Spirituality and religion

I’ve been thinking a lot lately about the difference between faith and spirituality. I’ve finally nailed down a definition that makes sense to me. Spirituality is a sense that there’s something bigger, transcendent in the universe. This is religion:

Enter Sam: I got sober, I got pregnant, don’t ask me how that works, it is just the way it was. And as some of you may know, there were these tiny little problems. For instance, the father was — comment se dit — not that enthusiastic about my having a baby, and I had no money. But I’d been going to this little church for a while by then, and when I announced during worship that I was pregnant, people cheered. All these old people, raised in fundamentalist houses in the Deep South, cheered. It was so amazing. They almost immediately saw me as the incubator who was going to bring them a new baby, to have and to hold. So they set about providing for us. They brought clothes, they brought furniture, they brought me soul-food casseroles to keep in the freezer, they brought me assurance that he was going to be a part of this family. And they began slipping me money.

Go read the whole essay. It’s amazing.

Another nail in irony’s coffin

So, a Vietnam war veteran decides to give his Purple Heart to President Bush:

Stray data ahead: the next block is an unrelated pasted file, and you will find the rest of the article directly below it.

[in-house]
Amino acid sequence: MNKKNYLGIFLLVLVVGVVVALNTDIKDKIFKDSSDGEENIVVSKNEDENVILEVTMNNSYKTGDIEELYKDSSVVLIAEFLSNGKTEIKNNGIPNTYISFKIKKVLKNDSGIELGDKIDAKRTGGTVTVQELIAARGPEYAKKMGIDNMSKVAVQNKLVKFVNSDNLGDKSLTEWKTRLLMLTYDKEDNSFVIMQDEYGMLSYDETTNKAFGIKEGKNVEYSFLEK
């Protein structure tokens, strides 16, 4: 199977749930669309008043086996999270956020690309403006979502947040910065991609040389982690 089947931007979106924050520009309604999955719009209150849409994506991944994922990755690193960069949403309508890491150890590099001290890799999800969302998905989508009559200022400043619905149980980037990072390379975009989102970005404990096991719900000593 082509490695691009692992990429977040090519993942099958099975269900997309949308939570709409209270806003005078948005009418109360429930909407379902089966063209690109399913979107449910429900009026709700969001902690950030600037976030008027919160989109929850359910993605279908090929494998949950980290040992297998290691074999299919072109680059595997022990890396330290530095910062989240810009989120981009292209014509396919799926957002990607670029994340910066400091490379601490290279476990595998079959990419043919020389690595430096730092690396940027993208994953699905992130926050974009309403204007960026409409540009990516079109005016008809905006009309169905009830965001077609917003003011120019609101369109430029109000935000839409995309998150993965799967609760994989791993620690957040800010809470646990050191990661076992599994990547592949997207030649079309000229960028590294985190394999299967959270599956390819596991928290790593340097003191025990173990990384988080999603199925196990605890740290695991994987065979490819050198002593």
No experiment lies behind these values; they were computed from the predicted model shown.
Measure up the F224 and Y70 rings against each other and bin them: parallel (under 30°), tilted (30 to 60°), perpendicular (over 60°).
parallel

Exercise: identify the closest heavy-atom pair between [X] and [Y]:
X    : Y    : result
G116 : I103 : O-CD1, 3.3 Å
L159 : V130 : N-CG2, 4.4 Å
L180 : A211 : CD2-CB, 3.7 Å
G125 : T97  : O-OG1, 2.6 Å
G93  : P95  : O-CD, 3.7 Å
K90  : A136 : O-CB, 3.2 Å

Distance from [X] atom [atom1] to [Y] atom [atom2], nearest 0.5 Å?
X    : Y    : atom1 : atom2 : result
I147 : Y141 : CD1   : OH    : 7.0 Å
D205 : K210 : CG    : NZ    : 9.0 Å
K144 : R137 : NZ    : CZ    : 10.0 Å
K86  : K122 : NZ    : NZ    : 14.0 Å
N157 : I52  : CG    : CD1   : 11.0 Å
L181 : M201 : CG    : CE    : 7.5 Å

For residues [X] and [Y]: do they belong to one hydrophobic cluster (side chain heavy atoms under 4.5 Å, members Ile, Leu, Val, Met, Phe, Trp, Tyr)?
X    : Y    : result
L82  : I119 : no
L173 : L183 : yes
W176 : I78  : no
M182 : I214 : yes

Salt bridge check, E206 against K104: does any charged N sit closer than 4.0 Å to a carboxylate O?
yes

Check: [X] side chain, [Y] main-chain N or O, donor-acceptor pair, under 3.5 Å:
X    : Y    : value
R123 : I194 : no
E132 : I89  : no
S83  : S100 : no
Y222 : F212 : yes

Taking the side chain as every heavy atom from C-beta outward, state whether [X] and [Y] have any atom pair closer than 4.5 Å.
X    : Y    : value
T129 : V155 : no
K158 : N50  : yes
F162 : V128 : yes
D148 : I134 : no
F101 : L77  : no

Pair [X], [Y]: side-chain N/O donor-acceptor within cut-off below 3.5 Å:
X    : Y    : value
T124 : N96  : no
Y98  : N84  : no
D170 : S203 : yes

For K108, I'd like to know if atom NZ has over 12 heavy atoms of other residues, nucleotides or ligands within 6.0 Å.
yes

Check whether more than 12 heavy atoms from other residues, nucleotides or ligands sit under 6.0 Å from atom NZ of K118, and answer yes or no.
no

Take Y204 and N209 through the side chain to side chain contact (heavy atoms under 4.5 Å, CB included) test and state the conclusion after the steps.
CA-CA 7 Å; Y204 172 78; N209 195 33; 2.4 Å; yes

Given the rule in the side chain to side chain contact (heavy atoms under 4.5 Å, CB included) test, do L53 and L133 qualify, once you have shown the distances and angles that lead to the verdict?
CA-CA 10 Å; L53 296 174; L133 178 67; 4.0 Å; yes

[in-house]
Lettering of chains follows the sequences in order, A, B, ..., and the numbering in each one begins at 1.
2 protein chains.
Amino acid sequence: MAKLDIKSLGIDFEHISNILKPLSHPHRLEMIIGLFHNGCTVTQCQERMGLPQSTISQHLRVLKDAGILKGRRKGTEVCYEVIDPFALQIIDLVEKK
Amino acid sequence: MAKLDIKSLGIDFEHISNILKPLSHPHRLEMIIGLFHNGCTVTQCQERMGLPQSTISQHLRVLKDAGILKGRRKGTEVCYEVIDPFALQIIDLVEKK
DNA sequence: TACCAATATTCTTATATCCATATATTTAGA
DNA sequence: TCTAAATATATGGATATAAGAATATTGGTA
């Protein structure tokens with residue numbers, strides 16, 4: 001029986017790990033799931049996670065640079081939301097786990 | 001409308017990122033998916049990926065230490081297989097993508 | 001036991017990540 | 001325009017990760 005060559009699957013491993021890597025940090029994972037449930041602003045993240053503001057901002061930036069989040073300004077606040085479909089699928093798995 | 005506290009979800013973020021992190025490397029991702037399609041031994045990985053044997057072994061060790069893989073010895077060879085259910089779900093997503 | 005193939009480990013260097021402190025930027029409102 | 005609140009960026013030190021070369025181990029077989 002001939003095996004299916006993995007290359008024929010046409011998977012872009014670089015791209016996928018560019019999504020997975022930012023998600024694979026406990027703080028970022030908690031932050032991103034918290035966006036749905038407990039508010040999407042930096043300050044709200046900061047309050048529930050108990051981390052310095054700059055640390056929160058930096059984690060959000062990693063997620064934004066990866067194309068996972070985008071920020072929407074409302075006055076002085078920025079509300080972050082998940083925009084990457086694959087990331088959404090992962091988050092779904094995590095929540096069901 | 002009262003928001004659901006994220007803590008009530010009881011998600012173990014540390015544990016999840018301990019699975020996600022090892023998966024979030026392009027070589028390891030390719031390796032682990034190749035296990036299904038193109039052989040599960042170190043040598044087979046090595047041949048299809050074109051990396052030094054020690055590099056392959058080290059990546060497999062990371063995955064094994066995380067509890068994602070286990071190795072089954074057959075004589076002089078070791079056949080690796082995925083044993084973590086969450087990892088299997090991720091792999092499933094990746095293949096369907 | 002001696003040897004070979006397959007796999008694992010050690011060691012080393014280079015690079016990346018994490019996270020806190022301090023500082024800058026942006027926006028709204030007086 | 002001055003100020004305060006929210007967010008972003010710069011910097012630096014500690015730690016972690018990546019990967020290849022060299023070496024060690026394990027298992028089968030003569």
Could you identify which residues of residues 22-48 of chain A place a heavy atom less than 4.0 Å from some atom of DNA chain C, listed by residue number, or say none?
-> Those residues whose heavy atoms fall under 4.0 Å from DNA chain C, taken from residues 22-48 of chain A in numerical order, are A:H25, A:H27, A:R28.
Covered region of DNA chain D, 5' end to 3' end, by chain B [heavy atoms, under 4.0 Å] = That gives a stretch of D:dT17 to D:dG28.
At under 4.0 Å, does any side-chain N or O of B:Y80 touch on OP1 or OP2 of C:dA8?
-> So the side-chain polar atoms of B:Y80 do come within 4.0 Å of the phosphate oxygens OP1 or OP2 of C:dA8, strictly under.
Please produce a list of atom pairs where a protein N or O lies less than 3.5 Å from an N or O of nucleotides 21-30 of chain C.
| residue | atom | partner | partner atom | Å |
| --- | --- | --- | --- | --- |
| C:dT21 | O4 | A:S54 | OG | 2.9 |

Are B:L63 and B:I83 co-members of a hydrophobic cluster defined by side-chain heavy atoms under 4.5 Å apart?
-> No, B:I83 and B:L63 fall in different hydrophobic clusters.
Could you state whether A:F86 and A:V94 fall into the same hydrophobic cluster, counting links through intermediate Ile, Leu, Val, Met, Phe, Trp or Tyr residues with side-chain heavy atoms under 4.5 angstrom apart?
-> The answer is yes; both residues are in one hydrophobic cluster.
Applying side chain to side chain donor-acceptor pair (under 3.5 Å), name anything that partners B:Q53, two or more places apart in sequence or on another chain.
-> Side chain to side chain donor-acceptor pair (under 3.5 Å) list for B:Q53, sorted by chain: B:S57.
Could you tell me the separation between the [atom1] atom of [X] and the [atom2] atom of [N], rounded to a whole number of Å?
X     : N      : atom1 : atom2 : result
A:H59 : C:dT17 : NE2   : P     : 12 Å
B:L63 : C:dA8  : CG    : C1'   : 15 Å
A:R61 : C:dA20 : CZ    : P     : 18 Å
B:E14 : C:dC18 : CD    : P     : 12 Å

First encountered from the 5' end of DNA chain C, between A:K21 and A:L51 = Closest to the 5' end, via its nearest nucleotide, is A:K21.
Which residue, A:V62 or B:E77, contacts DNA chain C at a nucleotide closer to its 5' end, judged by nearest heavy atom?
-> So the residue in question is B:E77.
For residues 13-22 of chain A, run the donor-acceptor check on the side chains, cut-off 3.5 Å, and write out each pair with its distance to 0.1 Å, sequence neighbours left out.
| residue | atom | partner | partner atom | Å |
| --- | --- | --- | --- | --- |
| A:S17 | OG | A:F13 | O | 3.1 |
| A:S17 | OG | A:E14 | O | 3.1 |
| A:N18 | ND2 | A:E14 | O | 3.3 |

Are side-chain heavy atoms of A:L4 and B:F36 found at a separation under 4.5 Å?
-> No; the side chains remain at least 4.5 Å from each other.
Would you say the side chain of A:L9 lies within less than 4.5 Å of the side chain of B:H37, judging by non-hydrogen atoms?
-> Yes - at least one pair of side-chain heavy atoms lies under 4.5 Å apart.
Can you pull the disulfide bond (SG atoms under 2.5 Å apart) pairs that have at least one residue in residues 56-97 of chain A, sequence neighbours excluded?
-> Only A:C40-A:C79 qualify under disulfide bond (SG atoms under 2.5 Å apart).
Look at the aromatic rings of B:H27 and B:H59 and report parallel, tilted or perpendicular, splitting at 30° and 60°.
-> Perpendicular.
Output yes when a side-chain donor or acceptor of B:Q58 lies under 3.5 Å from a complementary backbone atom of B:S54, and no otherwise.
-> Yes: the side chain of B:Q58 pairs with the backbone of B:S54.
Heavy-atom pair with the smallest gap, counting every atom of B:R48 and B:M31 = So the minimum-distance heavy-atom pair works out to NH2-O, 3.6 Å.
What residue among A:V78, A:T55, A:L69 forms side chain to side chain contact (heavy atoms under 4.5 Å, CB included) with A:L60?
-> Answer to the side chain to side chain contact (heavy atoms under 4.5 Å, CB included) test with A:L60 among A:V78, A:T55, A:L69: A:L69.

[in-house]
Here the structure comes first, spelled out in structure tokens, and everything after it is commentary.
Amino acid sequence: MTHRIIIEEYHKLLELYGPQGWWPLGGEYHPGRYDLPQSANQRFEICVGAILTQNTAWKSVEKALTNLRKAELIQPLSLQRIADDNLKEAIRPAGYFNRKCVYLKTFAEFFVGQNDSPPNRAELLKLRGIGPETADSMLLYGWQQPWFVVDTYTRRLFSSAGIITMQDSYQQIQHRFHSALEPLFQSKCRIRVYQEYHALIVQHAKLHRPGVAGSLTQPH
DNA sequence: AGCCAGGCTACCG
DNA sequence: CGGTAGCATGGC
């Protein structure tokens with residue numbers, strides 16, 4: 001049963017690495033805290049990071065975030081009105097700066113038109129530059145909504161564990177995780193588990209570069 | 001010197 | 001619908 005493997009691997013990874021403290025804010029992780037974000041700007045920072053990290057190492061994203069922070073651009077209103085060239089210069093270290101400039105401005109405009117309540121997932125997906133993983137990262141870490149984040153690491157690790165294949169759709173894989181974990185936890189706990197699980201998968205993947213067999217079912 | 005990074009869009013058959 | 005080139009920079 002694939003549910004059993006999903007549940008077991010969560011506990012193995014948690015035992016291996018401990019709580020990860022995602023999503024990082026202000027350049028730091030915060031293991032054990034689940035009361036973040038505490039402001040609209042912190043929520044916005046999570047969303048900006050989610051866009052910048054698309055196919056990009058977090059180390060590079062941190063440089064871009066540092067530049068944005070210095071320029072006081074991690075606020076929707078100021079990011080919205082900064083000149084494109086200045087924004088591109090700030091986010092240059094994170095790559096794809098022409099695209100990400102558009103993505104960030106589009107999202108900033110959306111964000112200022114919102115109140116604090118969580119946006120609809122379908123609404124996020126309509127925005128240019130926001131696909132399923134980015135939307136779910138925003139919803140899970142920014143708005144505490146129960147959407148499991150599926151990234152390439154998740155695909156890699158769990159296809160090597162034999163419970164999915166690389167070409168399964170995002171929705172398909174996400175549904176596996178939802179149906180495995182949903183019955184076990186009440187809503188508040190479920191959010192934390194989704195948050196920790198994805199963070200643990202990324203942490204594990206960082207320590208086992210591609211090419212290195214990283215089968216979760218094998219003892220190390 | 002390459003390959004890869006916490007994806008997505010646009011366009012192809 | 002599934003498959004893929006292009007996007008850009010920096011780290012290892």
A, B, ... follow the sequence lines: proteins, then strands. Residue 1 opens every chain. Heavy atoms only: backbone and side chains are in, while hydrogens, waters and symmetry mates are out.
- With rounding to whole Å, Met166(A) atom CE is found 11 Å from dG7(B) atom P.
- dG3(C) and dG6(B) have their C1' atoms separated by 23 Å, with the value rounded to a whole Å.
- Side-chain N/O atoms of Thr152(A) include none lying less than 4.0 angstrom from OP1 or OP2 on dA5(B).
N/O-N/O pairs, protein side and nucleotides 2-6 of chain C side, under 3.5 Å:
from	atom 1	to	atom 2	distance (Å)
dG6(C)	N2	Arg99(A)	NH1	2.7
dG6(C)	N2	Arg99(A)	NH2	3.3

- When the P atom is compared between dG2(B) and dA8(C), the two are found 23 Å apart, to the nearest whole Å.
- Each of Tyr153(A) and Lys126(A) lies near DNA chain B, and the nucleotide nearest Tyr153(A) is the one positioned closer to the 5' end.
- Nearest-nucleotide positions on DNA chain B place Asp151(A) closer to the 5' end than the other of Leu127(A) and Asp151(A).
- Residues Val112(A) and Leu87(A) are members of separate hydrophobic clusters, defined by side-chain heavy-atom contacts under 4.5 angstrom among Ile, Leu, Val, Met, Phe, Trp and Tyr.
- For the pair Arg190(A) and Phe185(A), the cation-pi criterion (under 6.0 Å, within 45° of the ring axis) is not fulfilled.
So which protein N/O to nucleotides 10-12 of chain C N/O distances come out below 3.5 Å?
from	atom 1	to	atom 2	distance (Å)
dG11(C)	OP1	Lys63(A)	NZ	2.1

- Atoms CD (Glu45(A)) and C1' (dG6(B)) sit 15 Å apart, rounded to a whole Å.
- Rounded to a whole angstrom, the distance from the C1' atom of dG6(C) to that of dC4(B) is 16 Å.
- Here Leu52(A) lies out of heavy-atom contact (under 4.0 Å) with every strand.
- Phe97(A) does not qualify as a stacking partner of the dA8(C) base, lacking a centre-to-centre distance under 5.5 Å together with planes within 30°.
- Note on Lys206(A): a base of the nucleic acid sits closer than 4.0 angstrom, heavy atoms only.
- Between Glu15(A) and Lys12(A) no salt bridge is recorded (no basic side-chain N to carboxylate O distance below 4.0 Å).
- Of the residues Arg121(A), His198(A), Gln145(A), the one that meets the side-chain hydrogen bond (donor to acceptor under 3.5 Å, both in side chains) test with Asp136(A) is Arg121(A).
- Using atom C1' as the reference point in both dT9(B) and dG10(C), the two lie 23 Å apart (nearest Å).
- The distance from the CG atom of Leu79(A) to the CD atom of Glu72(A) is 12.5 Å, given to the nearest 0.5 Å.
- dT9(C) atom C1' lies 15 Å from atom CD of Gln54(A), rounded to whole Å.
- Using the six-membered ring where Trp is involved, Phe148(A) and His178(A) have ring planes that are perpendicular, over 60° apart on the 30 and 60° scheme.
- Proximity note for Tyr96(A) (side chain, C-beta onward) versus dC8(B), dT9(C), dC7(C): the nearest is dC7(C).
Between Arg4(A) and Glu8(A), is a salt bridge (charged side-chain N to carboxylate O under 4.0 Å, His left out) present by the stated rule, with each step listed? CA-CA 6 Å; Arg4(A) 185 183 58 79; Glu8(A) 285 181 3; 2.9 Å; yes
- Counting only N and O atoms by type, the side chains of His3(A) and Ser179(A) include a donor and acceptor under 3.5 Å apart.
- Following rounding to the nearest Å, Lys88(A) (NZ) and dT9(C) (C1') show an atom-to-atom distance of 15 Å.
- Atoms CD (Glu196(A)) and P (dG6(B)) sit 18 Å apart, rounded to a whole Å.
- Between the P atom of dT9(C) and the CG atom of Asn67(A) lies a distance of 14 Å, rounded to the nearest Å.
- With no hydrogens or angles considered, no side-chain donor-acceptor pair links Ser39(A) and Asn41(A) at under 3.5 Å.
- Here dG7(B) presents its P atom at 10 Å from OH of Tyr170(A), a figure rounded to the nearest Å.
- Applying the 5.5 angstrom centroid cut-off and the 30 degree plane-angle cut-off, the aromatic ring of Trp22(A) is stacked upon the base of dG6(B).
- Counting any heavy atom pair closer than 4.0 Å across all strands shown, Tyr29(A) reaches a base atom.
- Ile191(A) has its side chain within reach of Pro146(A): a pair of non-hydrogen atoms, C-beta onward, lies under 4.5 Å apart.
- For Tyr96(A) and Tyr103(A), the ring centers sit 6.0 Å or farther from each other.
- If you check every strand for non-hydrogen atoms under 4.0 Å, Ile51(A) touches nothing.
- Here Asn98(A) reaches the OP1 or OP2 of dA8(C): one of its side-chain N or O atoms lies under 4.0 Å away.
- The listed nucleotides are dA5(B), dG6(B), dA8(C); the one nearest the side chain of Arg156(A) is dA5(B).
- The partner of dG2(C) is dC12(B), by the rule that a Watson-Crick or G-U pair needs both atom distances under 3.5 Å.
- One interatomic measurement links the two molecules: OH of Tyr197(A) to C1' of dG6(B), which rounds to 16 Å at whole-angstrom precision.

Thomas said he and his wife came up with the unprecedented idea to present the president with the Purple Heart over breakfast one morning a few months ago as they discussed the verbal attacks, both foreign and domestic, the commander in chief has withstood during his time in office.
“We feel like emotional wounds and scars are as hard to carry as physical wounds,” Thomas said.

OK, it’s a free country. Whatever. The surreal thing is that President Bush invited Mr. Thomas to the White House to present him the medal.
Mr. Thomas’ remark after the ceremony: “He said he didn’t feel like he had earned it.”
Gee, ya think?

Money Cometh

Rafe Colburn links to an article in the Washingon Post about the self-help phenomenon The Secret. I was not previously aware of this hit book, but as soon as I read it, I thought: this sounds like it appeals to the same type of people who are attracted to the Gospel of prosperity. Two sides of the same coin. Interesting.
(NOTE: I’m only linking to pages that are critical of the respective movements. I don’t want to give google karma to the proponents.)